But then, we should all expect that anyway--being surprised by rare events is what statistics is about.

  • Would this mean I'd be wrong to conclude that the many world interpretation is real after running the experiment, say, a million times? – Juan Nov 3 '15 at 21:07
  • @Juan - Depends what the alternative hypotheses were. Possibly yes. It wouldn't help all the dead yous, though, or all the observers in the 2^1000000 - 1 other worlds. And of course if many worlds is wrong, you're just plain dead, everywhere. – Rex Kerr Nov 3 '15 at 22:55
  • I think I see what you mean. Only my surviving self will count, and all the other's will be discarded, which amounts to a selection bias. The problem is that this is already assuming that MWI is true. The selection bias would only be a problem if I'd be trying to test some property of the MWI, given that it is real, where we need to get information from every possible version of the universe, but here I'm just testing whether there are many universes or not. So we don't need to care about the dying versions. – Juan Nov 3 '15 at 23:31
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In the worlds where you die, they have different information than you. In the world where you live, they do have the same information -- both of you have seen you survive a thousand runs through Schrodinger's box.

Accordingly, you have to be careful with what you define "them" to be. The "them" who has seen you survive is a "them" limited to the same timeline as you, indicating that an experiment has been done a thousand times, and none of the thousand experiments has shown you dying. Then there is the "them" that had to send flowers to your mother after letting you climb into a rather absurd little box.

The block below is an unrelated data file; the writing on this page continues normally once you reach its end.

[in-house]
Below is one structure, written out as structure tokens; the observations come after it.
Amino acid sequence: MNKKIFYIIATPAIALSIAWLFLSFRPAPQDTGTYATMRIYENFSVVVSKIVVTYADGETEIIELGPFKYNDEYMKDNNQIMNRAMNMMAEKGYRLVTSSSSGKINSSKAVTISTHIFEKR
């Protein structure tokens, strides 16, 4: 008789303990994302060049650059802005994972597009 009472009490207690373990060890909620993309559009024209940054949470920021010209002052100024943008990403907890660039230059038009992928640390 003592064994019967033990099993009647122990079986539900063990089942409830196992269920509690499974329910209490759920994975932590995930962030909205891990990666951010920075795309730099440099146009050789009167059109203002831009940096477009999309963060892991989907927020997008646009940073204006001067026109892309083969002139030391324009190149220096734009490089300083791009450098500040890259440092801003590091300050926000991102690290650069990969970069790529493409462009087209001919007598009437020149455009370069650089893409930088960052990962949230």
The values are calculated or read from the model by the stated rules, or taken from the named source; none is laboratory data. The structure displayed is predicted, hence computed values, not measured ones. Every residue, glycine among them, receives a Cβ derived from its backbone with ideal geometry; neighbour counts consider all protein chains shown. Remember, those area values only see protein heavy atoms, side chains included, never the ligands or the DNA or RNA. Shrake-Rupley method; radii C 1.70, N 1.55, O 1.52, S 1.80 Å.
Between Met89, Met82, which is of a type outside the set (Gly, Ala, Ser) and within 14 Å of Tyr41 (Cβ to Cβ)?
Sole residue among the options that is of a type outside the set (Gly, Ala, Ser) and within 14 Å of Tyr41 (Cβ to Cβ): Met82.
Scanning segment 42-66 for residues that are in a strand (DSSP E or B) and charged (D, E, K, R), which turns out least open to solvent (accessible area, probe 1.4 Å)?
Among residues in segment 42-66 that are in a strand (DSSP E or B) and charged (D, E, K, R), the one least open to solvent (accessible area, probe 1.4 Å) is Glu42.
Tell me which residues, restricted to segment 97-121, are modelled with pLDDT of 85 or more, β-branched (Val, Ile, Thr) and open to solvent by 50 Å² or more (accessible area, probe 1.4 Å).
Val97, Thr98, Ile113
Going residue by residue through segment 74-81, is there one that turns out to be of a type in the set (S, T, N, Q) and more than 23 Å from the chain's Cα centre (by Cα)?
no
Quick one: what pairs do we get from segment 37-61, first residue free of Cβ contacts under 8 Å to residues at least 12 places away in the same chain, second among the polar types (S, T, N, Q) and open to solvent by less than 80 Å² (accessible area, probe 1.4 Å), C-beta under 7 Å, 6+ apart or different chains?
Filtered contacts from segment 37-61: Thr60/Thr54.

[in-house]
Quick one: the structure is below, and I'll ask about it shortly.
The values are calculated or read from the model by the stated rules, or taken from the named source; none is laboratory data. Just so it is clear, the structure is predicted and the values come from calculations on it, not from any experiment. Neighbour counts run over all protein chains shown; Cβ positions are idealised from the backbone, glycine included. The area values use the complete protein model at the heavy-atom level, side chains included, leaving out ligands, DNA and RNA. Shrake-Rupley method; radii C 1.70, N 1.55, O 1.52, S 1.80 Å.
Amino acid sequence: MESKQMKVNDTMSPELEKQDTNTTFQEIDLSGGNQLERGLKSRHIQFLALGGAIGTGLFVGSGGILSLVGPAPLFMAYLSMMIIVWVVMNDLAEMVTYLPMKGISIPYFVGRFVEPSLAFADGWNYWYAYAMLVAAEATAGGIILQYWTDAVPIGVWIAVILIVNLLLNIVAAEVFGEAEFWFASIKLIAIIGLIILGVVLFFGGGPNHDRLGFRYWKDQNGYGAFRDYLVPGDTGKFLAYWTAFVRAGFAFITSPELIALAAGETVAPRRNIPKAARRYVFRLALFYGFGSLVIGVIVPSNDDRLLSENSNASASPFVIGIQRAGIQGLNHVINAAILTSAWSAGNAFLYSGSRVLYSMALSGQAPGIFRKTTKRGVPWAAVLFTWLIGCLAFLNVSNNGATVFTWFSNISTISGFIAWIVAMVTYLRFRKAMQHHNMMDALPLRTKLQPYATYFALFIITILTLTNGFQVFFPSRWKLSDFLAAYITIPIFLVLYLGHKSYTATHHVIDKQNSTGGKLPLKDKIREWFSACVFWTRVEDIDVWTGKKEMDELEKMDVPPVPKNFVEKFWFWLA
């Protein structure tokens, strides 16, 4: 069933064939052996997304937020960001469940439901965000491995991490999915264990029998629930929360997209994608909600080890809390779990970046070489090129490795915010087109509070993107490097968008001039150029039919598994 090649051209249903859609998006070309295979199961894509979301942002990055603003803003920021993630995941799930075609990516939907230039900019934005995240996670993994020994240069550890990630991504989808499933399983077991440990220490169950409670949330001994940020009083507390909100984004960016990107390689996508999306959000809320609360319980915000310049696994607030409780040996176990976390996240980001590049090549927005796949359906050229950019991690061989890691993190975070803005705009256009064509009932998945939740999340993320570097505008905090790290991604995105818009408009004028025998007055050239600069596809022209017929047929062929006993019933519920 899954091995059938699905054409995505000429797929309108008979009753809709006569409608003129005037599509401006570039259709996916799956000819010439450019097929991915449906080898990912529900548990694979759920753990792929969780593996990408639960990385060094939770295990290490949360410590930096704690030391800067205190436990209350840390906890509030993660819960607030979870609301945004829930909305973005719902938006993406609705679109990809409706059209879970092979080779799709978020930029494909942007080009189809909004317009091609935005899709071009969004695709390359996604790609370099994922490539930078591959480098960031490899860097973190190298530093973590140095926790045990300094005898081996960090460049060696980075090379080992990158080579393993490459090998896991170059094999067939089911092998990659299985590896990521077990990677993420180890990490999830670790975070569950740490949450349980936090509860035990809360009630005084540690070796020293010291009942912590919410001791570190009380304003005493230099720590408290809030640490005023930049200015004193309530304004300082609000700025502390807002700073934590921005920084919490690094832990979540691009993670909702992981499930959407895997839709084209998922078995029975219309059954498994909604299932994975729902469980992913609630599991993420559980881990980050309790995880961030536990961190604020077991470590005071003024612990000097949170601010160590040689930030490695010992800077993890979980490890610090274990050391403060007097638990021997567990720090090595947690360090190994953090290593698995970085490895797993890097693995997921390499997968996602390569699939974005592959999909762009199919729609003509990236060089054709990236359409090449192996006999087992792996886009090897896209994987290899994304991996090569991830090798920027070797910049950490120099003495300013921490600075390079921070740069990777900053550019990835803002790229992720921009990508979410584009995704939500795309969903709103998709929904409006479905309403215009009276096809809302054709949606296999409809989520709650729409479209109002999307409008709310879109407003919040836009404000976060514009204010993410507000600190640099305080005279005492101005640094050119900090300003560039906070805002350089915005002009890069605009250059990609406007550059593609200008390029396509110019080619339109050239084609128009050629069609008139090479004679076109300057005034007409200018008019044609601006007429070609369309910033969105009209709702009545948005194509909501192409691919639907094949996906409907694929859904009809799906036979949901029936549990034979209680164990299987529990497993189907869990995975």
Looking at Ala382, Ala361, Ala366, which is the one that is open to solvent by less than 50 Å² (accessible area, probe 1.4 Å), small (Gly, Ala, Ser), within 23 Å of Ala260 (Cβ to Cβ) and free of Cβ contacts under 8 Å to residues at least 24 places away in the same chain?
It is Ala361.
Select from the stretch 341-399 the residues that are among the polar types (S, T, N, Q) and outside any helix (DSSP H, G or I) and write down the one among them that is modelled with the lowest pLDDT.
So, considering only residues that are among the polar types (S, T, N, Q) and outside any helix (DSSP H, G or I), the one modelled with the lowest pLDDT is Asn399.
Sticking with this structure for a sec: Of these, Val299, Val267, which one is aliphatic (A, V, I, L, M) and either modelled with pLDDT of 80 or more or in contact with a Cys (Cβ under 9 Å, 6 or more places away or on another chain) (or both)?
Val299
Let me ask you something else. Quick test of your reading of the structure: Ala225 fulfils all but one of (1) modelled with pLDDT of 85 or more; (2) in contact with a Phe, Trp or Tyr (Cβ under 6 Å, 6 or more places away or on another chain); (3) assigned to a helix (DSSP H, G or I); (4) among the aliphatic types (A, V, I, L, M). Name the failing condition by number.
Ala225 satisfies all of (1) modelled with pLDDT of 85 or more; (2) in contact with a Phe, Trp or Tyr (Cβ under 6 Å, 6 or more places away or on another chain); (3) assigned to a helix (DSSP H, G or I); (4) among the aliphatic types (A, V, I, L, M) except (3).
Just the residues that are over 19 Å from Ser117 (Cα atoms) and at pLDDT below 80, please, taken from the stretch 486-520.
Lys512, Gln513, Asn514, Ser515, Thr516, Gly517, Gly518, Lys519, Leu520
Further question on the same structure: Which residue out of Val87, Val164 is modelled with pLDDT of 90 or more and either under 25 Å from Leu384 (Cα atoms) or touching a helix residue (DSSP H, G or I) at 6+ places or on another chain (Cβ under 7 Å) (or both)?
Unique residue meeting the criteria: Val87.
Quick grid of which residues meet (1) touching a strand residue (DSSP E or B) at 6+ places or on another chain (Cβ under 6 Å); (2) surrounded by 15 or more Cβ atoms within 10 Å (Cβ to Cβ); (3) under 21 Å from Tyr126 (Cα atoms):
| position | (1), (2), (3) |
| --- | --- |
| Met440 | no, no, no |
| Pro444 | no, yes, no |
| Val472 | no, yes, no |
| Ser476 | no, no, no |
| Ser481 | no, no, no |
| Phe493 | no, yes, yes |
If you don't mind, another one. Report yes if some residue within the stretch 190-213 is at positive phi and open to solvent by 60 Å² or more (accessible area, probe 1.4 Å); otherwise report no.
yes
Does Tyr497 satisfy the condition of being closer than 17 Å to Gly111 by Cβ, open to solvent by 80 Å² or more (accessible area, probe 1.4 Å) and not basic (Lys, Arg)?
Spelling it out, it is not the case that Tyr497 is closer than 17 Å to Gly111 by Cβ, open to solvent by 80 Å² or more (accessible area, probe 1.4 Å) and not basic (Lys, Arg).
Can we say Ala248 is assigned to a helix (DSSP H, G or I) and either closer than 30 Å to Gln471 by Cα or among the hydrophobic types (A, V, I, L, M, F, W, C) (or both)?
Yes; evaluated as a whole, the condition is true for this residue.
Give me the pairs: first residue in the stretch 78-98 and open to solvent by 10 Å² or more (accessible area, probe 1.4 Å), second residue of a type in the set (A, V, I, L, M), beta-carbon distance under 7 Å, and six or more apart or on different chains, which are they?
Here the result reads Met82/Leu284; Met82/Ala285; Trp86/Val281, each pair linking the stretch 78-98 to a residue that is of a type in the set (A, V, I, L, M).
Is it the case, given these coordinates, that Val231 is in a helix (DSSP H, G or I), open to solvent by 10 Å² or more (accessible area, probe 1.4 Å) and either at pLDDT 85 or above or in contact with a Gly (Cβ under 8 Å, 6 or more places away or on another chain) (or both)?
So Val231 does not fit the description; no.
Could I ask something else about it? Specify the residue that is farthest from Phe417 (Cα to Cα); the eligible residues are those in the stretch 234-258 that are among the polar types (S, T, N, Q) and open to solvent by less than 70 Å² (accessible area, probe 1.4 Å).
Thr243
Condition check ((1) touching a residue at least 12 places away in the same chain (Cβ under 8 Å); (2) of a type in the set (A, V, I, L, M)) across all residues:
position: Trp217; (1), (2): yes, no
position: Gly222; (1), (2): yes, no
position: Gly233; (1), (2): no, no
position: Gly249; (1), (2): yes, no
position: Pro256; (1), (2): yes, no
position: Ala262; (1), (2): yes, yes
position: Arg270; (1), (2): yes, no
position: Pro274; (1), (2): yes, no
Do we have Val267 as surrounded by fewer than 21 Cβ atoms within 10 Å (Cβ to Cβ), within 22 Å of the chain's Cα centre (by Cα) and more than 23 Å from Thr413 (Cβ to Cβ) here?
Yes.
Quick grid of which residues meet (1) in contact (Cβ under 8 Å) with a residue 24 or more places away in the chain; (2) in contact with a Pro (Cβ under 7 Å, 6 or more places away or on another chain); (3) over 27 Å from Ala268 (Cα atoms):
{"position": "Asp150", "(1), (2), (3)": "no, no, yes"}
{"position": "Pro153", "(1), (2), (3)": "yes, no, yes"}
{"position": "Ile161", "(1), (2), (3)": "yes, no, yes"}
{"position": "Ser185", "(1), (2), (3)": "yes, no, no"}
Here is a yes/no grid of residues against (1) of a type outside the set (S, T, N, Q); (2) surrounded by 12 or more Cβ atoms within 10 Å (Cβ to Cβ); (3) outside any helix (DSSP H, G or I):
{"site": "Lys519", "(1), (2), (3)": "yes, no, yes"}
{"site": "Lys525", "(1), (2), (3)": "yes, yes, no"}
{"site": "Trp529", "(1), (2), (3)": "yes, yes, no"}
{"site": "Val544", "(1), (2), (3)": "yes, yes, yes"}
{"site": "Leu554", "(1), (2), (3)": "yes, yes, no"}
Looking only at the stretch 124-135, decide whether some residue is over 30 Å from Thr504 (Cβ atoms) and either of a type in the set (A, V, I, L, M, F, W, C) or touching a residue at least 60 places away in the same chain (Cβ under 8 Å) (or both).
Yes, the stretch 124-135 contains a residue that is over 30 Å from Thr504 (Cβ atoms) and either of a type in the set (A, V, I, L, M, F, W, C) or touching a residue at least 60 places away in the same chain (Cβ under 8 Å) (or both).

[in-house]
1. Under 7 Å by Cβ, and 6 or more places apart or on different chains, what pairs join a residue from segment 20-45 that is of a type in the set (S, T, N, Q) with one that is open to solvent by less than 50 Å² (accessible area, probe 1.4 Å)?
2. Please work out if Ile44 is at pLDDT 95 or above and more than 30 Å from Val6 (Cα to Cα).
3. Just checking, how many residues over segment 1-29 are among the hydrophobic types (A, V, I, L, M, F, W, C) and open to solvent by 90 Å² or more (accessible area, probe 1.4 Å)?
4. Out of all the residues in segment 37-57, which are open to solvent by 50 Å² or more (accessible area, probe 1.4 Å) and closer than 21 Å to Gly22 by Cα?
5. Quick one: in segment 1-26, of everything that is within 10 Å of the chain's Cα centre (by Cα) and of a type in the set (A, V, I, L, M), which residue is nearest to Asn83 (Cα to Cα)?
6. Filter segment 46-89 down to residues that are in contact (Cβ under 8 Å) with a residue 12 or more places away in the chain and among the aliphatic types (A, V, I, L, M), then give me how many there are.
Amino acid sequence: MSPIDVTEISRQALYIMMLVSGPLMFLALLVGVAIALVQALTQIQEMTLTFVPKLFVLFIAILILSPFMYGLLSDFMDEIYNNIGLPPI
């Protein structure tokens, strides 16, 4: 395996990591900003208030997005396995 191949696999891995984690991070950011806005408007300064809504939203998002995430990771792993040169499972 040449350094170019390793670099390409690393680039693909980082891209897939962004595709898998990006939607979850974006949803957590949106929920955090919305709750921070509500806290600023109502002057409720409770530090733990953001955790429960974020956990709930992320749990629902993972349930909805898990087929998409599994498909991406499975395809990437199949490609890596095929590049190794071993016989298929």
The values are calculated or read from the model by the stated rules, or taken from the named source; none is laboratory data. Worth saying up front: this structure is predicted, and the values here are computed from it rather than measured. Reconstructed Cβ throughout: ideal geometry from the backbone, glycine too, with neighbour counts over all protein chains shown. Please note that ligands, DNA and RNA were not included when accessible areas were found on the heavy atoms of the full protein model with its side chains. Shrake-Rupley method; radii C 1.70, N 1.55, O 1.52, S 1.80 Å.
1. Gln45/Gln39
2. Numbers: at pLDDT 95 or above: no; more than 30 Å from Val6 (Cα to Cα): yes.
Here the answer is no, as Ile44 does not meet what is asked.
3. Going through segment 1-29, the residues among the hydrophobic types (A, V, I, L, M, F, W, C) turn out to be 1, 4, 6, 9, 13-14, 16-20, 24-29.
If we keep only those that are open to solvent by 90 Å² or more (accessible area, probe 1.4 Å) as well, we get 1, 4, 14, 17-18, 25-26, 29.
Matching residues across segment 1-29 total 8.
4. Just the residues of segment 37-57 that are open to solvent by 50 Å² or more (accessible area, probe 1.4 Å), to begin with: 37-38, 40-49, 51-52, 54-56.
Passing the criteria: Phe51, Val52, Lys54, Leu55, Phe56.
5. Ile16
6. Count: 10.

The difference between "them" on the limited timeline and "you" on the limited timeline is that, to them, you were simply a datapoint. They could run the same test on the next lab-rat who thinks its a great idea to climb in a box. From your perspective, however, you ponied up. You put your own life on the line.

So, from their perspective, they have one test, which could be repeated on a subject. From your perpsective, you have one test that, if run on someone else, is different than what you just endured.

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I am confused by your fourth paragraph, so perhaps this is more of a question than an answer.

I don't see that you can mix the physics and the speculative metaphysics in this way and also retain an "experimental method." There seems to be a third "viewpoint" comparing scenarios and reasoning about the parallel "evidence" and diverging logic of the conclusions.

If your memory, the evidence of your senses, and your reasoned conclusions all diverge uniquely and radically from those of the other experimental observers, then your being "convinced MWI is true" makes you either a very bad experimental scientist or, more to the point, a highly unreliable observer, perhaps technically insane.

This sounds like an inappropriate, facetious answer. Perhaps. But I cannot see that the scenario you describe, with one continuous, conscious observer comparing multiple MWI outcomes with an ever-diverging universe of fellow experimentalists, is one in which the experimental method pertains or can be used to arrive at any conclusions whatsoever.

Though I am not familiar with the literature, it would seem to me that the "physics" of your MWI experiment contains a number of unexamined assumptions about identity and continuity of consciousness. More "observer" paradoxes than physics can survive. Perhaps these are, in fact, worked out in discussions of MWI, and if so I'd be curious to have some references. It's very interesting.